June 7, 2018 / 1:32 AM / 4 months ago

China calls for public's help to catch overseas graft suspects

BEIJING (Reuters) - The Chinese government said it has launched a new website to encourage people to offer information on 50 corruption suspects who have fled overseas, even providing information about the streets on which they live in English as well as Chinese.

Chinese President Xi Jinping has overseen a multi-year war on graft, promising to quash deep-seated corruption at all levels of the party.

The Central Commission for Discipline Inspection took the fight overseas in 2015 by releasing a list of the 100 most- wanted fugitives that it has since sought to return through operations called “fox hunt” and “sky net”.

Beijing has struggled to enlist Western countries in its efforts to return corruption suspects. Many have proved reluctant to sign an extradition treaty with China, pointing to its poor rights record and opaque criminal prosecution process.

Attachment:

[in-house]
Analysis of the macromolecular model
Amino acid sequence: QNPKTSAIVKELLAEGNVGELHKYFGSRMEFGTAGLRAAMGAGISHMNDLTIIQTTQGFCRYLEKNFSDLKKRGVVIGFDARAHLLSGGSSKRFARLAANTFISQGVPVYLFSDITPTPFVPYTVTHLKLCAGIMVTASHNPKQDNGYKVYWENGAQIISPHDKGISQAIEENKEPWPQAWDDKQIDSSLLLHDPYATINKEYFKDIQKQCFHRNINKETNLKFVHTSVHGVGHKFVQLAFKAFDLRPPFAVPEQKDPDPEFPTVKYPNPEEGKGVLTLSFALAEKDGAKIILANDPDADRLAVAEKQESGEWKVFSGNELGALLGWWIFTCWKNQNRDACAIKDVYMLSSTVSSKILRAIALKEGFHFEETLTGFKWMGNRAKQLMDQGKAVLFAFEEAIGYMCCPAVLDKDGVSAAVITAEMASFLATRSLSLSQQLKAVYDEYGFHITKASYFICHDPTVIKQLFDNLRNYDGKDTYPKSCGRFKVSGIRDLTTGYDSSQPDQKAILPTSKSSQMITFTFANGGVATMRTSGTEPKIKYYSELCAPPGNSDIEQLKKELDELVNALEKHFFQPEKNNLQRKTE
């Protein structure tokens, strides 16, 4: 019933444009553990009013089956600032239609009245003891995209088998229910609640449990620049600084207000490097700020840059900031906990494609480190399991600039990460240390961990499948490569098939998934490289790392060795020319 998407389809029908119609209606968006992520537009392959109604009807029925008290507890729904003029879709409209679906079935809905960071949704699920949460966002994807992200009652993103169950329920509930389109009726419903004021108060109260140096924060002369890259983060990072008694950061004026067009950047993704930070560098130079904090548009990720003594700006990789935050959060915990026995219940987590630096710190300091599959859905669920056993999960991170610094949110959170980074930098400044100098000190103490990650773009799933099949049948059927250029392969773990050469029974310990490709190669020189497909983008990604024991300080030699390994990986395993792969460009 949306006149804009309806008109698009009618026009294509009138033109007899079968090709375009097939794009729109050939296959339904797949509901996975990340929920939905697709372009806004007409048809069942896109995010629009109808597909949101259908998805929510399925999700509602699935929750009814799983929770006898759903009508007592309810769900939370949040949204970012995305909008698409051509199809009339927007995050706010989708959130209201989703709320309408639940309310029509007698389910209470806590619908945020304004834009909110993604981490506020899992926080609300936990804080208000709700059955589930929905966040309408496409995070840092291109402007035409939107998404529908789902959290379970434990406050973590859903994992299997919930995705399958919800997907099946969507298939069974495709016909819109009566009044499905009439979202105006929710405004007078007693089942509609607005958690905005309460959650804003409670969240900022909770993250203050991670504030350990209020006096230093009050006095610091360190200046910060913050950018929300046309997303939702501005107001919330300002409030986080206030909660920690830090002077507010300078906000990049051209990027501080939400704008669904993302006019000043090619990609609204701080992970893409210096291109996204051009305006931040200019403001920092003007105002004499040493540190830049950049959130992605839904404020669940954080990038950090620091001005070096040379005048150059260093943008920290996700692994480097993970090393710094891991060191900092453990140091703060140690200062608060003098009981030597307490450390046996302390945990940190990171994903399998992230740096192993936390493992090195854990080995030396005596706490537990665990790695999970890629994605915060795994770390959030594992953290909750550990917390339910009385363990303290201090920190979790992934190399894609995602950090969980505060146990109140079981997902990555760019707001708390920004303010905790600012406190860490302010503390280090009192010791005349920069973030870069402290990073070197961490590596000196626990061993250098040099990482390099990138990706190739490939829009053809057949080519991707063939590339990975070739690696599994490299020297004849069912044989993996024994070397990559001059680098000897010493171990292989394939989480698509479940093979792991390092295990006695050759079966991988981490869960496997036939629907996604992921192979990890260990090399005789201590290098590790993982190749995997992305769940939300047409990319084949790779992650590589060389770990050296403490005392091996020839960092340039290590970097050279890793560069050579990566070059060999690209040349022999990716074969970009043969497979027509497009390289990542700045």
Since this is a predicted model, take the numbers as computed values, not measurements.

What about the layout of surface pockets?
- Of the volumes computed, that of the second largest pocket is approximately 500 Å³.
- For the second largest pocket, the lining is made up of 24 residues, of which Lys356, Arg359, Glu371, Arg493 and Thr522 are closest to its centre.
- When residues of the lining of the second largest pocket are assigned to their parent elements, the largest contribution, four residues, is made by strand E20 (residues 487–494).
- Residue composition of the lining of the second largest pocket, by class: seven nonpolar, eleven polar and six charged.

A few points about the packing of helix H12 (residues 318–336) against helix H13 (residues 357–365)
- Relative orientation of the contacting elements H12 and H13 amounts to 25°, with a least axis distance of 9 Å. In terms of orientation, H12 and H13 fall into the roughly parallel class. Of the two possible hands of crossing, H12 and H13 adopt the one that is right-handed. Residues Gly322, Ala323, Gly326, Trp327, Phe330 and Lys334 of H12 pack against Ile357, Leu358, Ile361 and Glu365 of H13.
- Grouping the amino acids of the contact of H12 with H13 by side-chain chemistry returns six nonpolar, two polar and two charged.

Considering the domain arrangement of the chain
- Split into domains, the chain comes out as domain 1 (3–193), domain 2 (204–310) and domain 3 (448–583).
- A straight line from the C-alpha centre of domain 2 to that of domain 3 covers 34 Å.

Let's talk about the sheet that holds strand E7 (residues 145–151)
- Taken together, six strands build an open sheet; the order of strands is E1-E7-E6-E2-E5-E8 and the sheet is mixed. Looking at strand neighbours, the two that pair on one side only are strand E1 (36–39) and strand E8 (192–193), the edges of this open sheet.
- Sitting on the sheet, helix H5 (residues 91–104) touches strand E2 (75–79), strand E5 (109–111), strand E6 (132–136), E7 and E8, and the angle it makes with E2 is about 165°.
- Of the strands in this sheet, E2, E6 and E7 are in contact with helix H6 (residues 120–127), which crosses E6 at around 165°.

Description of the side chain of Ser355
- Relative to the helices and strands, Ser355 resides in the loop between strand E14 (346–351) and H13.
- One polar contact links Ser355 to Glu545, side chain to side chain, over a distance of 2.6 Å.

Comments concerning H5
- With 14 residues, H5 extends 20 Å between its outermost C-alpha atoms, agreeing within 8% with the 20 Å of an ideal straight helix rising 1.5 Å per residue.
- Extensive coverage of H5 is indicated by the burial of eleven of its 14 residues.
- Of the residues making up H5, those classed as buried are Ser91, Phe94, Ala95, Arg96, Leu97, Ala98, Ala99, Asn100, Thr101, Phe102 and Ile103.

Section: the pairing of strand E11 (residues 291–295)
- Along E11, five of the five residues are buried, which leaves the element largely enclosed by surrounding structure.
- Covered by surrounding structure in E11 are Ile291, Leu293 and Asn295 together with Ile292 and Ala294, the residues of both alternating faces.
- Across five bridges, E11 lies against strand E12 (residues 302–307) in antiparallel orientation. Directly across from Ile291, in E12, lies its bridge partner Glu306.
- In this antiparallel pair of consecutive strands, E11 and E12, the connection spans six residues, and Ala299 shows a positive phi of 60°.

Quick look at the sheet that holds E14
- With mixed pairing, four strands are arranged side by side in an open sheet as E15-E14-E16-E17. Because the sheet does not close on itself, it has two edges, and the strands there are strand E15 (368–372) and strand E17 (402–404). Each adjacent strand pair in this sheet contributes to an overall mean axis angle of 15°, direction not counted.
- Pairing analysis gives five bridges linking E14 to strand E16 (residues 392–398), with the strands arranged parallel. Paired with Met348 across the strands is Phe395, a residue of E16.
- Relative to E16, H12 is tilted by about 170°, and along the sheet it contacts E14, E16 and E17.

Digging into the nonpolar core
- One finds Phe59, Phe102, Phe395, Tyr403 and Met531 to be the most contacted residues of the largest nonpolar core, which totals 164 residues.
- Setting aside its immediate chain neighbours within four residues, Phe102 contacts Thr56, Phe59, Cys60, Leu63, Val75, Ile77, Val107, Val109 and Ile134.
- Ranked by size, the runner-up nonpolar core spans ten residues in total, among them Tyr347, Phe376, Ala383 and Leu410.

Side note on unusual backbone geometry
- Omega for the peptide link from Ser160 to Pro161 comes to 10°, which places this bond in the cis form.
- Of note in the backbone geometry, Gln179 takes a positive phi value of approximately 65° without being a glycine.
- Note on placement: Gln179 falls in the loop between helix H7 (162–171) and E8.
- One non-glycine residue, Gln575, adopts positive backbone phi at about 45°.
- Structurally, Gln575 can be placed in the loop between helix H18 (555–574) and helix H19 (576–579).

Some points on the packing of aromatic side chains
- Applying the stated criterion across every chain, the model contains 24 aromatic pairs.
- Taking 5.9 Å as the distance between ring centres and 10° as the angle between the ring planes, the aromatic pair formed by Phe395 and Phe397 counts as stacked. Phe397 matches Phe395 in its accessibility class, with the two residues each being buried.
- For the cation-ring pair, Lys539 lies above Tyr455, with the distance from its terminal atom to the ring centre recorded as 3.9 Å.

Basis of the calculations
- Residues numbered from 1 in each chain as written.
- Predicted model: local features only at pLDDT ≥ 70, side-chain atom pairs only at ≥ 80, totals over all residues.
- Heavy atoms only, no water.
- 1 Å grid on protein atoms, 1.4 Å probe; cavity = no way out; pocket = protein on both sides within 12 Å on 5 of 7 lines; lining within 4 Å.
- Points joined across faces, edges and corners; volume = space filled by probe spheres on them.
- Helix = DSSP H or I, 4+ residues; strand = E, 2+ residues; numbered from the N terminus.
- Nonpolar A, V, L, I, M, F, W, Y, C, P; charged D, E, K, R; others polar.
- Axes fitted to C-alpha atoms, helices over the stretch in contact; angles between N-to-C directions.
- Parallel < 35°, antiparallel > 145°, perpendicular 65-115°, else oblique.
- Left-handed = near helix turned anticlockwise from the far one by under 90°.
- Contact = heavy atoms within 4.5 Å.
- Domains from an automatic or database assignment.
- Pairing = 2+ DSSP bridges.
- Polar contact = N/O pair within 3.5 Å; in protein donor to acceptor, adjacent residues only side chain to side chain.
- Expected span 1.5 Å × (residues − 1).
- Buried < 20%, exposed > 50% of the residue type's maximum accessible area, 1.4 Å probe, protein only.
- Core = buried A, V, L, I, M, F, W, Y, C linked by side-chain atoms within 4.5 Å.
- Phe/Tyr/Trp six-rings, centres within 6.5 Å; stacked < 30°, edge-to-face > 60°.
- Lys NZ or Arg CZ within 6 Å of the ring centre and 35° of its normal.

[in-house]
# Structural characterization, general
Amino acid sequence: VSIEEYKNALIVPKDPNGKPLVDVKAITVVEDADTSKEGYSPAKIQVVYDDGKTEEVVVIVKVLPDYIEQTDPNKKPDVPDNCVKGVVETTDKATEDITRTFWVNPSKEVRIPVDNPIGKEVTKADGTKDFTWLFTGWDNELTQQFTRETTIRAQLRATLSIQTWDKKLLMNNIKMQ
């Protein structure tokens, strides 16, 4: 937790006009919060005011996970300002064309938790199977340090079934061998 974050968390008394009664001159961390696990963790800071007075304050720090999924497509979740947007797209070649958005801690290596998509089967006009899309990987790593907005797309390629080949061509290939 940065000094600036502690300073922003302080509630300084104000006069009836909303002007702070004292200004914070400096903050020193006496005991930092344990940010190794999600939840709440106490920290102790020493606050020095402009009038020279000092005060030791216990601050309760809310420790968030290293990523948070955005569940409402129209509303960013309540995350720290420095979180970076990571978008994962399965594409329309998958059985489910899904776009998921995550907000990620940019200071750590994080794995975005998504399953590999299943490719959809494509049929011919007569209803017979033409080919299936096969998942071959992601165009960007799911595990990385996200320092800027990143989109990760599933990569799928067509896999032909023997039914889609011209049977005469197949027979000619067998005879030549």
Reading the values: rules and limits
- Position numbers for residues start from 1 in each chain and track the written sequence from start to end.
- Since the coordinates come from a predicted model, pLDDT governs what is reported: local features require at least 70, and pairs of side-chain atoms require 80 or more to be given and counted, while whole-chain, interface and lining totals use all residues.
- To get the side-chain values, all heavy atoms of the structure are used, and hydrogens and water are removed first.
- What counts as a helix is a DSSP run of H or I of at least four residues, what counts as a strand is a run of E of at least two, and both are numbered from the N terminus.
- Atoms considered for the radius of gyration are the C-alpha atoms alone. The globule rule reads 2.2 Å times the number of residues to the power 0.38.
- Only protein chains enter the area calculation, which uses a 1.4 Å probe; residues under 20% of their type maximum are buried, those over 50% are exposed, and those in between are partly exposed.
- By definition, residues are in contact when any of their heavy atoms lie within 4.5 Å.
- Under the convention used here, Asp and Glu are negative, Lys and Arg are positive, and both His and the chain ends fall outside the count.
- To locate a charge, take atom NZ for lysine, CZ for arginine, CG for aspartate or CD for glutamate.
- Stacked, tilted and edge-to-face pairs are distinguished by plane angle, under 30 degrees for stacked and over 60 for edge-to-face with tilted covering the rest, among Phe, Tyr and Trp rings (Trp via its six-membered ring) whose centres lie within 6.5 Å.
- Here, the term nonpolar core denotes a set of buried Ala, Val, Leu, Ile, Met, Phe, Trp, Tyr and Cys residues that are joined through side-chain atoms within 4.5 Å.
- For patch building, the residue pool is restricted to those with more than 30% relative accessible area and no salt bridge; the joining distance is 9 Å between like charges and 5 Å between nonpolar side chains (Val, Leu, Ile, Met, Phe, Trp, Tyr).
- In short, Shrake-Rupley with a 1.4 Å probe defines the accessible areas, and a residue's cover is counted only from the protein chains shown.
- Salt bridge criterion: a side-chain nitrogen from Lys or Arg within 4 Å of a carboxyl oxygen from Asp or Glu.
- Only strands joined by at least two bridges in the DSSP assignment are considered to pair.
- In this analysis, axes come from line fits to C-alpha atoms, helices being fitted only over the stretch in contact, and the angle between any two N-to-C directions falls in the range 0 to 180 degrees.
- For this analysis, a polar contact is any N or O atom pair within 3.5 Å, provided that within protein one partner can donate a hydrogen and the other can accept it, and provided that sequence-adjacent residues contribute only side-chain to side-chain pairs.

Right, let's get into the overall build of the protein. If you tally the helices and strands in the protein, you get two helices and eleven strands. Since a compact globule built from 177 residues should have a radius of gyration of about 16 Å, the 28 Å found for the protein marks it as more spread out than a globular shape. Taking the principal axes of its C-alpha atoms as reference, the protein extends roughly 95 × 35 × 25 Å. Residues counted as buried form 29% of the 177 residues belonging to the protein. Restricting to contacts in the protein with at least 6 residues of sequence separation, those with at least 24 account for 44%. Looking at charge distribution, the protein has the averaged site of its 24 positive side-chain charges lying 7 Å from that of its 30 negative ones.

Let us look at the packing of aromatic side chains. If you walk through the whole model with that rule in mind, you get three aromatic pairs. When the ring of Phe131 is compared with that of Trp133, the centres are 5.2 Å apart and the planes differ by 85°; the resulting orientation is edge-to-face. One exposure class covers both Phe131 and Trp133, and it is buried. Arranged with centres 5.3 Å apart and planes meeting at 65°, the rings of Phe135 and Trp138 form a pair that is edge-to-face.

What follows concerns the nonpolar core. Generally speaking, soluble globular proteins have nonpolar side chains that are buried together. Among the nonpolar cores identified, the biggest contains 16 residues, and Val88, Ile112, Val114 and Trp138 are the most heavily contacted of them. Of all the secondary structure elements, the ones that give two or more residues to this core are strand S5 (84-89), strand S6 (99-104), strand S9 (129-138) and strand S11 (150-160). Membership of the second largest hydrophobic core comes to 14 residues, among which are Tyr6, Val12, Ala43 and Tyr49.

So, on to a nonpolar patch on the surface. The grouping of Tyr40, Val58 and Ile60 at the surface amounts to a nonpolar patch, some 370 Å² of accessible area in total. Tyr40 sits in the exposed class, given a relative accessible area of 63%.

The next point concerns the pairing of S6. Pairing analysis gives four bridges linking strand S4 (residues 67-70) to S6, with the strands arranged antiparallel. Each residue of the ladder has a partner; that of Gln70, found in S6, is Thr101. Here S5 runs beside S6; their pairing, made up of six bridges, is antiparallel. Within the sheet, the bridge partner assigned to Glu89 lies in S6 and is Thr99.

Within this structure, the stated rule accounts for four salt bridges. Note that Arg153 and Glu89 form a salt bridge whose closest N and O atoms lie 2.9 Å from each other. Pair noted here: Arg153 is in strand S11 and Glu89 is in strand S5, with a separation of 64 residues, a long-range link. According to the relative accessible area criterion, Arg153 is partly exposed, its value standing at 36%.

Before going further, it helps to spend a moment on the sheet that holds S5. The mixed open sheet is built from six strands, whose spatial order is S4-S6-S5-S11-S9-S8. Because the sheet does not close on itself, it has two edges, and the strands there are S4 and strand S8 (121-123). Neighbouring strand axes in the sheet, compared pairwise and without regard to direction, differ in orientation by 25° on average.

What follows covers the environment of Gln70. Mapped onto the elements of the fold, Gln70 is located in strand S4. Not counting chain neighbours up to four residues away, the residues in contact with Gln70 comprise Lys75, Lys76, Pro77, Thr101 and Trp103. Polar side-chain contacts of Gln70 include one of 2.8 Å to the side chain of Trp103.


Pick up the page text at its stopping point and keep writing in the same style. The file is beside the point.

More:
For the second time in the space of a year, the commission released a list of names of people it is seeking - 50 this time compared with 22 a year ago - of whom 23 it says are likely to have fled to the United States.

Other countries include Canada and New Zealand. The majority are suspected of corruption, bribery or embezzlement, and 21 of the 50 have been on the run for more than a decade.

The commission provided English as well as Chinese descriptions of their suspected crimes and where they might be living, as well as showing their pictures, in a statement released late on Wednesday.

Those who have information about them can report on a new website (www.12388.gov.cn/ztzz), although that is only available in Chinese.

“The aim of this new announcement is to closely rely on the masses and actively mobilise them,” the commission said.

Of the 22 suspects whose names it released last year, six have so far given themselves up, it said.

China had captured 4,141 fugitives from more than 90 countries and regions and recovered nearly 10 billion yuan ($1.57 billion) by the end of April, the commission said.

Reporting by Ben Blanchard

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